I’ve grown a lot from then coz I’ve realised I only get temporary satisfaction from all that, so I decided I’m never gambling with my natural hair again! I’ve also just fell out of love with weaves over the years, I can’t even remember the last time I put on one.
 
What I love about my natural hair is how BEAUTIFUL I feel when I’m wearing it, I feel like I can just conquer the world nje (on those good days when it’s behaving of course lol)
I think what I actually love the most is the fact that I can wear my hair natural and go out there and still slay and actually even feeeeeel myself without any issues of insecurity. I also love how unapologetic I become when I’m wearing my afro, the level of confidence is out of this world. Even on the bad hair-days, there’s still lots of confidence in there, like I don’t have to make any excuses for my hair, its NATURAL, know what I mean?????
 
Moving on to the bad hair days, I don’t stress much about those, I usually just wear a doek, and I’ve got lots of them that I can incorporate with my outfits, and life goes on…
One thing that helps make the journey bearable on those not so good days is the fact that all the women close to my heart also grow natural hair, my mother, my younger sis, my sis in-law and even my little daughter J so we share tips and encourage each other.
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The biggest challenge I’ve always had with my hair is the shrinking L L L it’s an ongoing struggle, sometimes people would even ask if I’ve cut my hair, so it goes back and forth. On days when I’m lucky enough and the length is at its peak, I take lots of pictures as a form of evidence lmao kidding.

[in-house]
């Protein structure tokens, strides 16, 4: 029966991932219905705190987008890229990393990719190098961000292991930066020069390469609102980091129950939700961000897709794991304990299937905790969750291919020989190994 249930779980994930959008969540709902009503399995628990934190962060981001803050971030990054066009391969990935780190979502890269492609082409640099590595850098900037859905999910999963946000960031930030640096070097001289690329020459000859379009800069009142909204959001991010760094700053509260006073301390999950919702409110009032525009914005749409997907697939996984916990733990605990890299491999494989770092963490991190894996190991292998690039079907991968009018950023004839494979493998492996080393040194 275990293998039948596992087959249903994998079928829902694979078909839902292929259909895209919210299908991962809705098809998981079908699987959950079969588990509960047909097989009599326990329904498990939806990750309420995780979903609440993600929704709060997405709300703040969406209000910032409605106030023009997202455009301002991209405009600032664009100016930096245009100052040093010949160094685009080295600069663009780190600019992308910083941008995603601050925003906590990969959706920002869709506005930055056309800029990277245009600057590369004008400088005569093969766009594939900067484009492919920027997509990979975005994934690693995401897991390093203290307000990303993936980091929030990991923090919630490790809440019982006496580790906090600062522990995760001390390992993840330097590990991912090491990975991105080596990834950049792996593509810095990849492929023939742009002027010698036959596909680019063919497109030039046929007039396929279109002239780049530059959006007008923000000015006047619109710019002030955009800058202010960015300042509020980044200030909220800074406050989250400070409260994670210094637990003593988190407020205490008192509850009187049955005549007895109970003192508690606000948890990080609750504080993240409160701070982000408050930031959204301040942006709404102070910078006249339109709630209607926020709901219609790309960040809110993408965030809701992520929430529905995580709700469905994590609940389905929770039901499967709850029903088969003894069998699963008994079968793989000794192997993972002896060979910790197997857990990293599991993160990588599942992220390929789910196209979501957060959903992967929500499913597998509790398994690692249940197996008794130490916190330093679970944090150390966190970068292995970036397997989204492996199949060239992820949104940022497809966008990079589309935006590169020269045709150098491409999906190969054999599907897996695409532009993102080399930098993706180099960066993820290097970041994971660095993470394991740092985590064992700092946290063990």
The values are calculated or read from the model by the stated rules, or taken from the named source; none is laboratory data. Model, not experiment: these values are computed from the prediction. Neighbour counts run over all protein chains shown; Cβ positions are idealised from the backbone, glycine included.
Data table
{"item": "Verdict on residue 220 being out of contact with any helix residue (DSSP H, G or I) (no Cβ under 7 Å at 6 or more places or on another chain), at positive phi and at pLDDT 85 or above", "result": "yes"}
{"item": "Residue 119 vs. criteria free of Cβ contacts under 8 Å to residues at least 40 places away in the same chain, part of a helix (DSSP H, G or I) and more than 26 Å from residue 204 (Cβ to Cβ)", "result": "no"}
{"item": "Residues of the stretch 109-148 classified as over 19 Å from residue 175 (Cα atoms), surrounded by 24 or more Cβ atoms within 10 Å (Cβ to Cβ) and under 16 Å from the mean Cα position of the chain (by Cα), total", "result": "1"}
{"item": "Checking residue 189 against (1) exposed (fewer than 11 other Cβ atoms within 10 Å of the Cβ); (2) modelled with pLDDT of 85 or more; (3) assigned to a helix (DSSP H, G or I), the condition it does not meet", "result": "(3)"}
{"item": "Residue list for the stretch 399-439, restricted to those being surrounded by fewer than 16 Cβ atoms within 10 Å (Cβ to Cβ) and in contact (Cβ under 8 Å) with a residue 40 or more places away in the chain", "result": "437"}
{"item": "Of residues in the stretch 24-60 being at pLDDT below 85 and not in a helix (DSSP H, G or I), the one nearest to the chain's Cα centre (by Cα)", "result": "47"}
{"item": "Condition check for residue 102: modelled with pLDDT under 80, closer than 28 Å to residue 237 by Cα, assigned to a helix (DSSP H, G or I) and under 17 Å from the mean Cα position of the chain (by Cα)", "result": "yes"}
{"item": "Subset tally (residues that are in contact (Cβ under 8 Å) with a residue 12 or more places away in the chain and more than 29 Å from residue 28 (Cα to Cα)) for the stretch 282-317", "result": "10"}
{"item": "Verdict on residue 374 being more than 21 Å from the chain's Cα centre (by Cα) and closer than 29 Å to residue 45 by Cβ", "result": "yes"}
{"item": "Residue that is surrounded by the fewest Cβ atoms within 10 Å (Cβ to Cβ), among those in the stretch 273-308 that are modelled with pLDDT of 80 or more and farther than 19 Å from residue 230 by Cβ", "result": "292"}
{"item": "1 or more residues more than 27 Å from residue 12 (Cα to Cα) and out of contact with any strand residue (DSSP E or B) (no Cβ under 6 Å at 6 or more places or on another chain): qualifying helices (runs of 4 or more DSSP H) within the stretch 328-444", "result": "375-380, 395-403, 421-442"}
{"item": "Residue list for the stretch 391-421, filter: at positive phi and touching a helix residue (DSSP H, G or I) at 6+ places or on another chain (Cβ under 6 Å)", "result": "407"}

The other challenge is the breaking of hair, our African natural hair is very dry so that’s also an ongoing struggle.
 
What I do to keep my hair protected and healthy?? Ok let’s see, I’ve had the typical hair regime for the longest time, I wash with any good shampoo and I have enjoyed using the cholesterol conditioner from Avon for many years, then I apply hair food, sometimes I use hair fertilizers. There are natural hair tips that Lebogang Mashile shared on facebook that I would love to try out one of these days, I’m so in love with her afro!  ❤  and also the likes of Pearl Thuli, I follow any woman who takes pride in her natural hair 😉
 
I love braiding my hair and I’m glad that’s also a way of protecting it from harsh climate conditions, I wear hats and try out different protective styles in winter. I also wear head wraps a lot, and it works in favour for my hair, coz afro needs a break from ‘exposure’ once in a while. Ever since I made a decision of not wearing ‘weaves’ anymore, I have embarked on a very exciting journey of trying out different braiding hairstyles for African hair, I recently surprised my family and myself too (lol) and went for the red box braids lol the feedback was not positive kwaaaks but I loved it!!!
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Growing natural hair is hard work, not for the faint-hearted, survival of the fittest, I’ve fallen off the wagon a few times but I will never give up!